|View single post by Michael C. Hardy|
|Posted: Thu Sep 27th, 2007 01:28 am||
Michael C. Hardy
|“A hot barrel, loose powder... a real danger of a cook off and I think most would rather lose a finger than the hand.”
I think one of the popular Civil War mags recently (maybe within the past year or so) did a photo article about men with parts of the their hands shot off. In my research, I have often wondered about men who are stated as having received hand injuries. Some of these were from enemy rounds. Others were from cook-offs and a few who shot themselves to take themselves out of combat.
And yes, severe fouling would be an exception. Most regiments fired few rounds during an engagement, or never got into combat at all, or, had time to clean their weapons. I recall one story of Federal regiments at Gettysburg rotating off the line and heading for a protected area to resupply and clean their rifles. I think it was in the Culp’s Hill area. And, in a combat situation, once your weapon became fouled, it would be easy to exchange it for a cleaner one.
However, we must also remember that the soldiers whose weapons did not foul did not write home about it. It was only those who had a problem. So, the letters home or the official reports will only contain those who had problems.
“And firearms training was woefully inadequate for both sides.”
That’s a understatement. If I remember correctly, the 54th Mass. went into the fight at Olustee with new Spensers. But no one showed them how to reload them once they had gone through their seven rounds. So they threw them down and ran.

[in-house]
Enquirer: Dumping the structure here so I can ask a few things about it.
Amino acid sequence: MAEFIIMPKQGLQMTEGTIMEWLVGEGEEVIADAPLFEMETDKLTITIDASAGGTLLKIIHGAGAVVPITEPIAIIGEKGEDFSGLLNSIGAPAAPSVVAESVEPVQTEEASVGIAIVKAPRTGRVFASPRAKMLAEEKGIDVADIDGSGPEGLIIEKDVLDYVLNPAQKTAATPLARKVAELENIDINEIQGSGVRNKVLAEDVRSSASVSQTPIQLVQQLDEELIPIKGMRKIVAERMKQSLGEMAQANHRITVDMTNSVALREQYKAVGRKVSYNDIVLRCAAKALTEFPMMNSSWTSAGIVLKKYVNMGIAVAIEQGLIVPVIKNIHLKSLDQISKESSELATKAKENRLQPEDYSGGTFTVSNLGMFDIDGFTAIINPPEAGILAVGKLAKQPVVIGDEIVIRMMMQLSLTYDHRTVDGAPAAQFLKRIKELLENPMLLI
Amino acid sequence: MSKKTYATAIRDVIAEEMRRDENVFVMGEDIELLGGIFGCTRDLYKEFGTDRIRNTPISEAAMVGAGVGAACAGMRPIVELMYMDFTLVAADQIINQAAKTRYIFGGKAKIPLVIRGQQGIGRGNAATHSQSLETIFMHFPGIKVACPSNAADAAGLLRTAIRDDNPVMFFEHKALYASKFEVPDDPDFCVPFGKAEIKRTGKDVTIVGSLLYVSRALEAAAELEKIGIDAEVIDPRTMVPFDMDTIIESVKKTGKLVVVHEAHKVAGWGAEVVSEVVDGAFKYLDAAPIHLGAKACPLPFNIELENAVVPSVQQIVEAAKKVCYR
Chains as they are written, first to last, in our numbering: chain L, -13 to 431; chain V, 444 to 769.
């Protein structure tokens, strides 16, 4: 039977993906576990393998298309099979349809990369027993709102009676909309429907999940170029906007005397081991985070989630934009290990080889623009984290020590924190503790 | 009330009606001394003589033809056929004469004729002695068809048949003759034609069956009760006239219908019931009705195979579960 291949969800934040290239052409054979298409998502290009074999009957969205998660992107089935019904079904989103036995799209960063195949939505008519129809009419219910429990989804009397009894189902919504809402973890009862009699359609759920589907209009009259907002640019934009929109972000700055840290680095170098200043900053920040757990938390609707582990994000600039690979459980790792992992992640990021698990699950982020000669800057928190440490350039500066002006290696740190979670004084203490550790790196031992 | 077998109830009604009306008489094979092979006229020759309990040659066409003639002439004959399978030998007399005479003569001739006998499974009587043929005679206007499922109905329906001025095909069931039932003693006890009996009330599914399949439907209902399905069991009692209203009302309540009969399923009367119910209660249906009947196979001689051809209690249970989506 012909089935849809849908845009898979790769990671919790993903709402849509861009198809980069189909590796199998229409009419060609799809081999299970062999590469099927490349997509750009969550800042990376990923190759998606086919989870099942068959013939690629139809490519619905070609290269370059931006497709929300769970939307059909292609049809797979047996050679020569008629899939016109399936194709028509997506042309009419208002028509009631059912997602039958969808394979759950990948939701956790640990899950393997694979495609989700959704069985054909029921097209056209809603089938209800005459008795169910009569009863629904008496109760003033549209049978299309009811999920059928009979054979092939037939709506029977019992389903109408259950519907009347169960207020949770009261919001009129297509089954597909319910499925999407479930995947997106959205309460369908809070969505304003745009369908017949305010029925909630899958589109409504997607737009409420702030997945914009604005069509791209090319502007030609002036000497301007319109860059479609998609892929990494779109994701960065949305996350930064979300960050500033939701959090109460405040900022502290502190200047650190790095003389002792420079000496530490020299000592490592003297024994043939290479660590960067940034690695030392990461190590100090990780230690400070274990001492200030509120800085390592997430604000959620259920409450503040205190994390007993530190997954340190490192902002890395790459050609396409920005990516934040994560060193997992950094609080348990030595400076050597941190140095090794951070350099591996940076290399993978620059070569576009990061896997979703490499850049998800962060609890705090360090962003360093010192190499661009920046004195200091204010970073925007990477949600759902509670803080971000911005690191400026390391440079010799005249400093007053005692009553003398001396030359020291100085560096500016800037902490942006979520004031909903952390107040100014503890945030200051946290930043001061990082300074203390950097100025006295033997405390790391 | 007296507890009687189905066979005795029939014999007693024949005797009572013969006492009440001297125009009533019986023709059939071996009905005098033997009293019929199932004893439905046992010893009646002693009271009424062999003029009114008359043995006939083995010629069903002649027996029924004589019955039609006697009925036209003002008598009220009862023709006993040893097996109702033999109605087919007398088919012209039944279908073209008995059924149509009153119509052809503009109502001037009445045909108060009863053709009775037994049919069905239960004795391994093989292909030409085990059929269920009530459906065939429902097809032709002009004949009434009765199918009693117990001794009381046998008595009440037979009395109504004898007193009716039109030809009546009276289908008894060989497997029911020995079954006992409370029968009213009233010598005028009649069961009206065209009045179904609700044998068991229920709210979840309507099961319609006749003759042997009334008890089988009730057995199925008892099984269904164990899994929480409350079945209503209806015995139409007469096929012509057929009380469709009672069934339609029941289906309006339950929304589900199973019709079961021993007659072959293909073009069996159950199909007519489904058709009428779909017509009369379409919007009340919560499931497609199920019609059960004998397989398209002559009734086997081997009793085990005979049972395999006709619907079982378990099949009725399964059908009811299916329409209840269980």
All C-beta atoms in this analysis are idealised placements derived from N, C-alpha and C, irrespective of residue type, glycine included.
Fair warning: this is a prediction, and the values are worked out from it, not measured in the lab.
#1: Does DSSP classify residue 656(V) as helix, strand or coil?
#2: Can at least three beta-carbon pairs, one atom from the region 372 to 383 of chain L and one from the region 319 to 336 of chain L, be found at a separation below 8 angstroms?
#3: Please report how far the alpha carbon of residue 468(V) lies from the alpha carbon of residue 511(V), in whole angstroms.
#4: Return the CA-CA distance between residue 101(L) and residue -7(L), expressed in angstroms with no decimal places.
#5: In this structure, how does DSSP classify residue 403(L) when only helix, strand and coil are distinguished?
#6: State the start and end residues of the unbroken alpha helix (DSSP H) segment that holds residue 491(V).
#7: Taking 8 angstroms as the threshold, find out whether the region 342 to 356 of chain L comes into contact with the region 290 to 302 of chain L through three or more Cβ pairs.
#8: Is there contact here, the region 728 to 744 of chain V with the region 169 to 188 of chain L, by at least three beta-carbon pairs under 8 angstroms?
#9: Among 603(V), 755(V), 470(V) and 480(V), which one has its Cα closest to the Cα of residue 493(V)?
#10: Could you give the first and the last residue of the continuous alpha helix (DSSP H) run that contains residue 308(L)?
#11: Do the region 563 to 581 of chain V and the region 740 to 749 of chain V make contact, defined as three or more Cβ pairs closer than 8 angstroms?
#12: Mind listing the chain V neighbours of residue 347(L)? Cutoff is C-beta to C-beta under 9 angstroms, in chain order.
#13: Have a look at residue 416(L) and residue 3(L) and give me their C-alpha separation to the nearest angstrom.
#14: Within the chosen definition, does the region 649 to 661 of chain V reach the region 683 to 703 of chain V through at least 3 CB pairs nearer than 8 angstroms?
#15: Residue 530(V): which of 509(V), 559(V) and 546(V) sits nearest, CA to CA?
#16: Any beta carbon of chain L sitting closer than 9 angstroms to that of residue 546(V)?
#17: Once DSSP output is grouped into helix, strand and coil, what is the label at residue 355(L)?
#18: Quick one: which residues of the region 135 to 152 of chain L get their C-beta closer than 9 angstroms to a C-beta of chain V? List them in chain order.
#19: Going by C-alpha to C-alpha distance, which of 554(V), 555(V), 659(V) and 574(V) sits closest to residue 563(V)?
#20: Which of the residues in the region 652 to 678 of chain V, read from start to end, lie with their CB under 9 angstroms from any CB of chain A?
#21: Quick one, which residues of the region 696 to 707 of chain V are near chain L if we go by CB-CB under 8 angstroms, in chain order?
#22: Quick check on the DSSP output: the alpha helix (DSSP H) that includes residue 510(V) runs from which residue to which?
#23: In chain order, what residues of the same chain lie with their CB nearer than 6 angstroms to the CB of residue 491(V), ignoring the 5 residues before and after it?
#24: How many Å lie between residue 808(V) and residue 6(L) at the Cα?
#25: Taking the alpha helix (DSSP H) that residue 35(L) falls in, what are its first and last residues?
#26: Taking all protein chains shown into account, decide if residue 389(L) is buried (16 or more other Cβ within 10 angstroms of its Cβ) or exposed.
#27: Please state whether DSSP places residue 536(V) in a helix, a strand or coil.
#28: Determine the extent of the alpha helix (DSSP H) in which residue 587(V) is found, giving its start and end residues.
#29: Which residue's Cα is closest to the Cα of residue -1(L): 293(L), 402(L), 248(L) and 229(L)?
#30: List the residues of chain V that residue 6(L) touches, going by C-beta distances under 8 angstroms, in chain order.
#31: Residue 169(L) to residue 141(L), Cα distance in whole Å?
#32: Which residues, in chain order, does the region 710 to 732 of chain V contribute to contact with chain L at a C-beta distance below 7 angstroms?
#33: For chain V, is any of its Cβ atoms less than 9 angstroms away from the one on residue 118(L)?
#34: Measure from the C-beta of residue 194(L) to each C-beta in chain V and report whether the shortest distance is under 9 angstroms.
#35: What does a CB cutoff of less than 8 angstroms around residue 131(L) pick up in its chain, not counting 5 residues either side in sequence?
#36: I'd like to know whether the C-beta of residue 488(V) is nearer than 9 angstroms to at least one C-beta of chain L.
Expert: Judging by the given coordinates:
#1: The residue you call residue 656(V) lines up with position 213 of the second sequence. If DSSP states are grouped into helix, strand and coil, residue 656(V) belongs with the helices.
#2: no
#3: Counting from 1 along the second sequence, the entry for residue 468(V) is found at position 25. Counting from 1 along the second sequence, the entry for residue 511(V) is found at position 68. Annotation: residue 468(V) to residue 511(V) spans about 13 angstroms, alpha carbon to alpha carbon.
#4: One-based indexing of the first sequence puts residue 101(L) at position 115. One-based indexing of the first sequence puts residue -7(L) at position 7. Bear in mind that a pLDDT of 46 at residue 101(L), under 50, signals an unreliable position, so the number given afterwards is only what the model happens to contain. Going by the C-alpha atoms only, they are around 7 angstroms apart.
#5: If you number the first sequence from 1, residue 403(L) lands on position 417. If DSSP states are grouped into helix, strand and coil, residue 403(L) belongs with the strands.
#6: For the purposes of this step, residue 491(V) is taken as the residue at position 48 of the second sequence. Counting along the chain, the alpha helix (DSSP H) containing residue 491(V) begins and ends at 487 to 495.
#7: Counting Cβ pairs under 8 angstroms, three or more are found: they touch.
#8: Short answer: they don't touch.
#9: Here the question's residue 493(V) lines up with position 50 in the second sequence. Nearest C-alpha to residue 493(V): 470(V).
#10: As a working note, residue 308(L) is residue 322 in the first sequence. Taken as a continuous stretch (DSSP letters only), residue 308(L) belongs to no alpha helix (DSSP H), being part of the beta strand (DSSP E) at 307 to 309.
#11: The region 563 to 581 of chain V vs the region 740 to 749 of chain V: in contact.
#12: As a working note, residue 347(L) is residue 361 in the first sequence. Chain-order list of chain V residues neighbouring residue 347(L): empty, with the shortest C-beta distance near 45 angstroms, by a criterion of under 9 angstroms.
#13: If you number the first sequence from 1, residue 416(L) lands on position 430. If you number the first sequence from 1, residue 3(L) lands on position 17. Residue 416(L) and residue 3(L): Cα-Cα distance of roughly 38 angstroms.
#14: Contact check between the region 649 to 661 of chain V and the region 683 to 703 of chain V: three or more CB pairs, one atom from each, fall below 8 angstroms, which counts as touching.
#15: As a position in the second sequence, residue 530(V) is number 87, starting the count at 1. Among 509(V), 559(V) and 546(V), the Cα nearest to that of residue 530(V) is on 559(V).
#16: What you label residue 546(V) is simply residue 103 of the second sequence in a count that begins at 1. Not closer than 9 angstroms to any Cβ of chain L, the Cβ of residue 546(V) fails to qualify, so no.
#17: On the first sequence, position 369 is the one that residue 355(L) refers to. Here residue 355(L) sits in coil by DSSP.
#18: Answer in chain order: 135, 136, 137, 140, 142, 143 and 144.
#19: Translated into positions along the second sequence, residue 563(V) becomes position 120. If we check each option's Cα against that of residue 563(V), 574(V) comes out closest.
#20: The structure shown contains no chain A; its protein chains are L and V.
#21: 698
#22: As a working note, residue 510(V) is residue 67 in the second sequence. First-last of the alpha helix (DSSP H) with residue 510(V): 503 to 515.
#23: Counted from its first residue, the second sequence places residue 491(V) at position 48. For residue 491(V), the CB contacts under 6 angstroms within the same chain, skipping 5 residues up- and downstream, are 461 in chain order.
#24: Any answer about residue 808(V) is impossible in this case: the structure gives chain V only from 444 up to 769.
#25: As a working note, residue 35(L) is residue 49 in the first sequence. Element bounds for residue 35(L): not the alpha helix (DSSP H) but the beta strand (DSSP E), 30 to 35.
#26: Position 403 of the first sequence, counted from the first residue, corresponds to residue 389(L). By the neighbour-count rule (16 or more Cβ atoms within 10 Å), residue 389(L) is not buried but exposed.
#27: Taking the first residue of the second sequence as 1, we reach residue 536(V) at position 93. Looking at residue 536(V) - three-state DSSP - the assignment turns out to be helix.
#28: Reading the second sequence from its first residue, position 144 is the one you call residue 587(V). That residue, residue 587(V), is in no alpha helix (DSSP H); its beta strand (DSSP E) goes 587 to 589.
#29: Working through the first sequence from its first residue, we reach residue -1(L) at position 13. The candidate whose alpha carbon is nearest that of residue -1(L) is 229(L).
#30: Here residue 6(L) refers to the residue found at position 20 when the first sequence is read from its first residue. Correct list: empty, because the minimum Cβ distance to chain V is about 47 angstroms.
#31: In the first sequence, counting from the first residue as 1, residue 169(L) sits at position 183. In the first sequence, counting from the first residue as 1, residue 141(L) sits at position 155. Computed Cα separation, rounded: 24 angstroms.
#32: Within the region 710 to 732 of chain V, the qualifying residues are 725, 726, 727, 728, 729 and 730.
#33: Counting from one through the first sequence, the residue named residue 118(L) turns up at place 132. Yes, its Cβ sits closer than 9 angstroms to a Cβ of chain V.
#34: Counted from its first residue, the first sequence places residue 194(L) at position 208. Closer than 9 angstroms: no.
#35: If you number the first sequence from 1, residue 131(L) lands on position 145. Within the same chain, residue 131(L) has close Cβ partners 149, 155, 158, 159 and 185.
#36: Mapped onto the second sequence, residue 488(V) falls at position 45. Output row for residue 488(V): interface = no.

Since there is virtually no target practice, why would there need to be a weapon cleaning class? I will qualify the above statement. For the Confederates, they did start creating sharpshooter battalions in mid-1863-1864. These men did practice at targets.
“I've read many period accounts of men cleaning their weapons while in the line. One was from the 2nd MN VI at Chickamauga, I think about 5-6 letters over the years have mentioned field cleaning, I've duplicated some of their methods on the firing line (I refuse to pee down my barrel though) all three methods worked.”
I’ve seen this too. However, what do you do when you have no water? I tend to notice in my research that most of the water in a canteen is gone by the time that the shooting starts. Speaking of pee - was it not a Federal regiment at Chickamauga that urinated on the barrels of their Colt Revolving Rifles to cool them down?
Albert - no stupid questions. This just happens to be a topic that I’ve given some time to researching. If you want to talk about the differences in screw-in artillery fuses, well, then, I’m not going to have much insight. And, I hope this isn’t too confusing. For some regiments and brigades in some battles, fouling was an issue and it would have taken a forceful hand to get that bullet to seat properly. In other battles, in which troops were less involved, you could load per regulations, keeping your hand away from the business end of your musket. Like many issues in the war, there were many variables, rather than one way it was “always” done.
Johan - I’ll try and see if I can find that article, or I’ll email Joe. If he did not write it, maybe he can tell me who did.